Bead Crochet: It's a Well Done Experience

Apr 19, 2013

From Jennifer: Bead crochet was, without a doubt, one of the most difficult beading techniques that I ever learned. But once I mastered it, bead crochet quickly became a source of inspiration and a great way to give my beady brain a well-deserved break between bead-weaving projects. Today, I'm thrilled to introduce to you the mother-daughter team of Bert and Dana Freed, who have turned their passion for bead crochet into a successful business!





We are both lifelong knitters, crocheters, and needlepointers. These passions for crafting were passed down through our family from mother to daughter, but our experience with beading was different; we began bead-weaving with seed beads in 1999, and found that we really enjoyed learning peyote Stitch, right-angle weave, and other beading stitches. When we learned bead crochet several years later, we knew we had both found our true passion, and together, we pushed the limits of what could be done with bead crochet.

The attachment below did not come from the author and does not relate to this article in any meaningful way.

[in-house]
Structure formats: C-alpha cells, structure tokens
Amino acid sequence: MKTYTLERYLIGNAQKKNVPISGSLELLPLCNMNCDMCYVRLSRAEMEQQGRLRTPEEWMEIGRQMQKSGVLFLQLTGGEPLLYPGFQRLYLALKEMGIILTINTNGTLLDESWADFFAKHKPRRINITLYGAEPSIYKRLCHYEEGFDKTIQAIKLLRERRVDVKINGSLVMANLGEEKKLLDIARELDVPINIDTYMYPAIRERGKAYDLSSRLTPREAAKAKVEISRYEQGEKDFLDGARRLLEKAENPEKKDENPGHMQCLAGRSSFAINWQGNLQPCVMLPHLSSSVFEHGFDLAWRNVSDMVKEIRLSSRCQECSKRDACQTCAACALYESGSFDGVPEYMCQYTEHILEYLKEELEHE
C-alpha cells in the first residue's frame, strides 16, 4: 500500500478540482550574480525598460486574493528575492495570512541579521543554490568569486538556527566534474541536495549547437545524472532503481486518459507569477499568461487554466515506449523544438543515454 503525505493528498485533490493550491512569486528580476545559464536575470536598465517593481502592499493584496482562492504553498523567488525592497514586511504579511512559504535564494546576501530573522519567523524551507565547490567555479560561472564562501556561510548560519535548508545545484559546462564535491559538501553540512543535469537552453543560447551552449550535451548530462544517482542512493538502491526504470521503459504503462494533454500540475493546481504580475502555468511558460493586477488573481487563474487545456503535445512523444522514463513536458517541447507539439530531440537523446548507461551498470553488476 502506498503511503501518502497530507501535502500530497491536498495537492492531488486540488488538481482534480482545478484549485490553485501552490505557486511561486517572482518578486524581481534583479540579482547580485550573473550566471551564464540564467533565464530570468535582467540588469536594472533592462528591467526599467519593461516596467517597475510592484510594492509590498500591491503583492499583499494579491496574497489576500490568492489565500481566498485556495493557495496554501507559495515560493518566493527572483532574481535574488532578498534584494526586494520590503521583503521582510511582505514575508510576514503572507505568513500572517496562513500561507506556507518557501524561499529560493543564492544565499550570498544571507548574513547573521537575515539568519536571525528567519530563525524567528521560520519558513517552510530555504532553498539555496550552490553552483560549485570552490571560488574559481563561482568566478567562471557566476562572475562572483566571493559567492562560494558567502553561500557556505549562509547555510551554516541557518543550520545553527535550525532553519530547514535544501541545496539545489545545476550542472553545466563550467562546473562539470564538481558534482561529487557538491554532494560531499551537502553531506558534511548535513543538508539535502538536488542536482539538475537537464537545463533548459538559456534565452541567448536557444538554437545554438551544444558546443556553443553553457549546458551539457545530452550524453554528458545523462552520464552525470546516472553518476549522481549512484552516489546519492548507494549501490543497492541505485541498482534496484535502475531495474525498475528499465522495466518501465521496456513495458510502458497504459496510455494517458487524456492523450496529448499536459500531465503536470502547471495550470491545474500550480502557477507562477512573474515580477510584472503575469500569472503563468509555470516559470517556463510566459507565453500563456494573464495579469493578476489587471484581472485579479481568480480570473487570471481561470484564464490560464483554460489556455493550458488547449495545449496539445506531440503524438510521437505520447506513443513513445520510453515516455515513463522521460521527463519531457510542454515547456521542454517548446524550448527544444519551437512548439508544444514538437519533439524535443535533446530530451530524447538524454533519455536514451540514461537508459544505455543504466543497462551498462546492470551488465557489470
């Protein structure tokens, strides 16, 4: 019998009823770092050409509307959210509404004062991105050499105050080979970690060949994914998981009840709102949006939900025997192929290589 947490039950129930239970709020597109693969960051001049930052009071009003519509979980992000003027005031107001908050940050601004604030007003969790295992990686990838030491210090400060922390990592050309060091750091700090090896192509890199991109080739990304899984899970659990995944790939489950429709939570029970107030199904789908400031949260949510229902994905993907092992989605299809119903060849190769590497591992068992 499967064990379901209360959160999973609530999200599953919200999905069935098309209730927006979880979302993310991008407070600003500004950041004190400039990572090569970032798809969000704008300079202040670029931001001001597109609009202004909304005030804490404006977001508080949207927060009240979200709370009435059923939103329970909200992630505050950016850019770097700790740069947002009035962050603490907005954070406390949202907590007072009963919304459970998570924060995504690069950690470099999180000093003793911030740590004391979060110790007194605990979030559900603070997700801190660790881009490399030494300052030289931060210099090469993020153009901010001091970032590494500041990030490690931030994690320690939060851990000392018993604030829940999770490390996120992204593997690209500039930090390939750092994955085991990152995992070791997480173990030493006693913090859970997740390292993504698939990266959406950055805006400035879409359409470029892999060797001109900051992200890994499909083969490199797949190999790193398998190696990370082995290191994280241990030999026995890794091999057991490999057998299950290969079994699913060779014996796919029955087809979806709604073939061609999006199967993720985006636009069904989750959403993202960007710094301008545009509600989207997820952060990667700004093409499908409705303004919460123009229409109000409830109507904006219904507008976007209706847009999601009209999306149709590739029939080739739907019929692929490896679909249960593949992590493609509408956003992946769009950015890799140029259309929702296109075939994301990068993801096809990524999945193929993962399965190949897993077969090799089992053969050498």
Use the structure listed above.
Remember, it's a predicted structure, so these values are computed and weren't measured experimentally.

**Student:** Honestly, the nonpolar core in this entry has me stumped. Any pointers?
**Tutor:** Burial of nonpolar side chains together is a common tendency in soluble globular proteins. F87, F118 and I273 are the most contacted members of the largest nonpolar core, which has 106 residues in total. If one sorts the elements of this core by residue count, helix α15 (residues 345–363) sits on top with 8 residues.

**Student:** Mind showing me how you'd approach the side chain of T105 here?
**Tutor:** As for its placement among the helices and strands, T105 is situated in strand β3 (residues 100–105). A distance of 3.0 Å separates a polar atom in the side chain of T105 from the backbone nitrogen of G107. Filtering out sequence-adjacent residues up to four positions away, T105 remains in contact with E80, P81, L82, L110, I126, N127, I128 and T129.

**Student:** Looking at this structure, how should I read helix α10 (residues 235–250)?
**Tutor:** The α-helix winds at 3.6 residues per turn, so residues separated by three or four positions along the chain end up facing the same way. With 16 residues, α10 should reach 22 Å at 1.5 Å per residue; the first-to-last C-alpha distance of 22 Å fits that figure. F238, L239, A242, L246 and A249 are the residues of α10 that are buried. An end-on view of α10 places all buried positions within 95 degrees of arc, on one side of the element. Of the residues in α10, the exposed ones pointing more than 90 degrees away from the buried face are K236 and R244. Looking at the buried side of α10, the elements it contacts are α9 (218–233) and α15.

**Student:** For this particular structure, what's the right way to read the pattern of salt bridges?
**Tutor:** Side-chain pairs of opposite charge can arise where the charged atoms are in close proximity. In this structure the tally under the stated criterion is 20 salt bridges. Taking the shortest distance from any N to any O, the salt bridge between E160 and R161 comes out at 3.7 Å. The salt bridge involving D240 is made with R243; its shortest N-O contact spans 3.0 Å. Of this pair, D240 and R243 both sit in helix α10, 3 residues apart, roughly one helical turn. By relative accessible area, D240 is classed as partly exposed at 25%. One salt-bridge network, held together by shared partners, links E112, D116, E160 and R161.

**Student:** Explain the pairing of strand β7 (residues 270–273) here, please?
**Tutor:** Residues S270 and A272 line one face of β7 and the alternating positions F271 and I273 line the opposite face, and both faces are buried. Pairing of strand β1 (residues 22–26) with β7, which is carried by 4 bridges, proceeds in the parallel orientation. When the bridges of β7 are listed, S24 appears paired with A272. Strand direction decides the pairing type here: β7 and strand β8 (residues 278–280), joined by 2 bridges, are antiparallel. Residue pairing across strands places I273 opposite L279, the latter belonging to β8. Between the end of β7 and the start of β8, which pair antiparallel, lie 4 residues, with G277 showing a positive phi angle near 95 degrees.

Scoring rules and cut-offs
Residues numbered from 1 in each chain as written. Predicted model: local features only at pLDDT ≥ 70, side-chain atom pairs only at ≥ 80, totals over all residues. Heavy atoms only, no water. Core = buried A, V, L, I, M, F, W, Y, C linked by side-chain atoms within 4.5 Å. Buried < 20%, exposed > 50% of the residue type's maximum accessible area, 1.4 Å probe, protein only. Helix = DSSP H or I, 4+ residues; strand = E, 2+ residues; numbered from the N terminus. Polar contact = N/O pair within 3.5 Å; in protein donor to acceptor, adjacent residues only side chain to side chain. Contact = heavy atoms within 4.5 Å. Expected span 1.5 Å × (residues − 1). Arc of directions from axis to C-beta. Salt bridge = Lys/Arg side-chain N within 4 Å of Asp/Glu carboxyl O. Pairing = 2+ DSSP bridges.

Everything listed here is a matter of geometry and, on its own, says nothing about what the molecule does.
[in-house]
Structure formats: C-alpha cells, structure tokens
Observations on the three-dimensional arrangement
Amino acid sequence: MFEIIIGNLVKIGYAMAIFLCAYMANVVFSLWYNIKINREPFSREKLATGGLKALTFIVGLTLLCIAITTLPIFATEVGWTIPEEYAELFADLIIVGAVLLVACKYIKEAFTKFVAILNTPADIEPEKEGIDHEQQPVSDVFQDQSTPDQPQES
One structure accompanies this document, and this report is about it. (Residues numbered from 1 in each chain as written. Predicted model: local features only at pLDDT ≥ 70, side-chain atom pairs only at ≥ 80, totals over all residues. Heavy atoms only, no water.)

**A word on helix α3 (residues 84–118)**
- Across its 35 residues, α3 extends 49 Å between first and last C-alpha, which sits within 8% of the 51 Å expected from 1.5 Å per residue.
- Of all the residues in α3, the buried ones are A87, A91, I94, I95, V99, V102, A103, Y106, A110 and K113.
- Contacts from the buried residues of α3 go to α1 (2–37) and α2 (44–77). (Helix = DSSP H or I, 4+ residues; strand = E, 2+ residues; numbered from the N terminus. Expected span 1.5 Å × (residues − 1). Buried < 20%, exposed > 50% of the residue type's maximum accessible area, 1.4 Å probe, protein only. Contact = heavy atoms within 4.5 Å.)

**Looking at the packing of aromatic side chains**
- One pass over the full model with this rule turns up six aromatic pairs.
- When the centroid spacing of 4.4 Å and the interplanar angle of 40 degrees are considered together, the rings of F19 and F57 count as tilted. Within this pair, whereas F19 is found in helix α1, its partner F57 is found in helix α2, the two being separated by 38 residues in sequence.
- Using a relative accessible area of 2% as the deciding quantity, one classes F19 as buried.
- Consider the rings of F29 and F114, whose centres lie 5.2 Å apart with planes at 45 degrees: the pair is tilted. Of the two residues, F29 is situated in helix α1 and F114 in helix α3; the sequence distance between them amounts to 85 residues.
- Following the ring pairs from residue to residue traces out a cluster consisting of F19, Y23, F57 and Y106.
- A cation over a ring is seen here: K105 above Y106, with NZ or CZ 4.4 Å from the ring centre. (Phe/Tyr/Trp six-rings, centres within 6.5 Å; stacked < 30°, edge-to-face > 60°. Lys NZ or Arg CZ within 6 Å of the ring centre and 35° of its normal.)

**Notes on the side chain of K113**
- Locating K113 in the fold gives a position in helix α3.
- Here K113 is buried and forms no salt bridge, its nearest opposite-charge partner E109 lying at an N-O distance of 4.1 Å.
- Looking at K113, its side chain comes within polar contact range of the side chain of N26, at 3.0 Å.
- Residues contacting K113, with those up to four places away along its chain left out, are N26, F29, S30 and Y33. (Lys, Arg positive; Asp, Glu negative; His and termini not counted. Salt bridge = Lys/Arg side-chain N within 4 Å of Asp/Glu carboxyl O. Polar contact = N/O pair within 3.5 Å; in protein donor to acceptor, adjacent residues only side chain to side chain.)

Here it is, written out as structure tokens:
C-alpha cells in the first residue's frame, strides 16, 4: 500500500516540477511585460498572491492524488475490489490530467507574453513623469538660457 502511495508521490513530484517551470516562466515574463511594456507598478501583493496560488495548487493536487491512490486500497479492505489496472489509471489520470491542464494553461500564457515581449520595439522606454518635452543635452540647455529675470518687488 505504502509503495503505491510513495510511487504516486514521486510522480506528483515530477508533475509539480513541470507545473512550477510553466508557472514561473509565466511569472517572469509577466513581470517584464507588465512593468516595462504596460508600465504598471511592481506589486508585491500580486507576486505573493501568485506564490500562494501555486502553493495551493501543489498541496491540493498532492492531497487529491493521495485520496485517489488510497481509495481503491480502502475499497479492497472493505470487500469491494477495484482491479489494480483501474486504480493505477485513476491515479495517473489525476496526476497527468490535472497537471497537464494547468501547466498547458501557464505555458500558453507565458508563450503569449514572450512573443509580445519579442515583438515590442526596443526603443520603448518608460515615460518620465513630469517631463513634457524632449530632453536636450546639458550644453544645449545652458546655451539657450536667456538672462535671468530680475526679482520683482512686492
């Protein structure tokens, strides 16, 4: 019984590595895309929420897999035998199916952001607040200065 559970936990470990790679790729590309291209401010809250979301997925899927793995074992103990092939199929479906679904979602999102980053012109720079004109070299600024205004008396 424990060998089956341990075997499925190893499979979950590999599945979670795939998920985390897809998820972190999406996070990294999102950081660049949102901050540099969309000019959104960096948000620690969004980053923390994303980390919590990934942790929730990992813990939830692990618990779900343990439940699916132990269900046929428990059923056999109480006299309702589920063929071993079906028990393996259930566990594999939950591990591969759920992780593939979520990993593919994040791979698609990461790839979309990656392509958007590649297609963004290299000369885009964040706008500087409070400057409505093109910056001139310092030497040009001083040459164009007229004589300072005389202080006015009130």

The technique is the perfect hybrid of all our beading interests, incorporating beads, fiber, and a crochet hook to create a product that is three-dimensional and flexible. Unlike other beading techniques and beading projects, bead crochet is also portable: once you have strung your beads, you can take your bead crochet project anywhere without fear of losing beads. Whether it's a short subway ride or a long trip on an airplane, we are never on the move without a craft in hand.


bead-crochet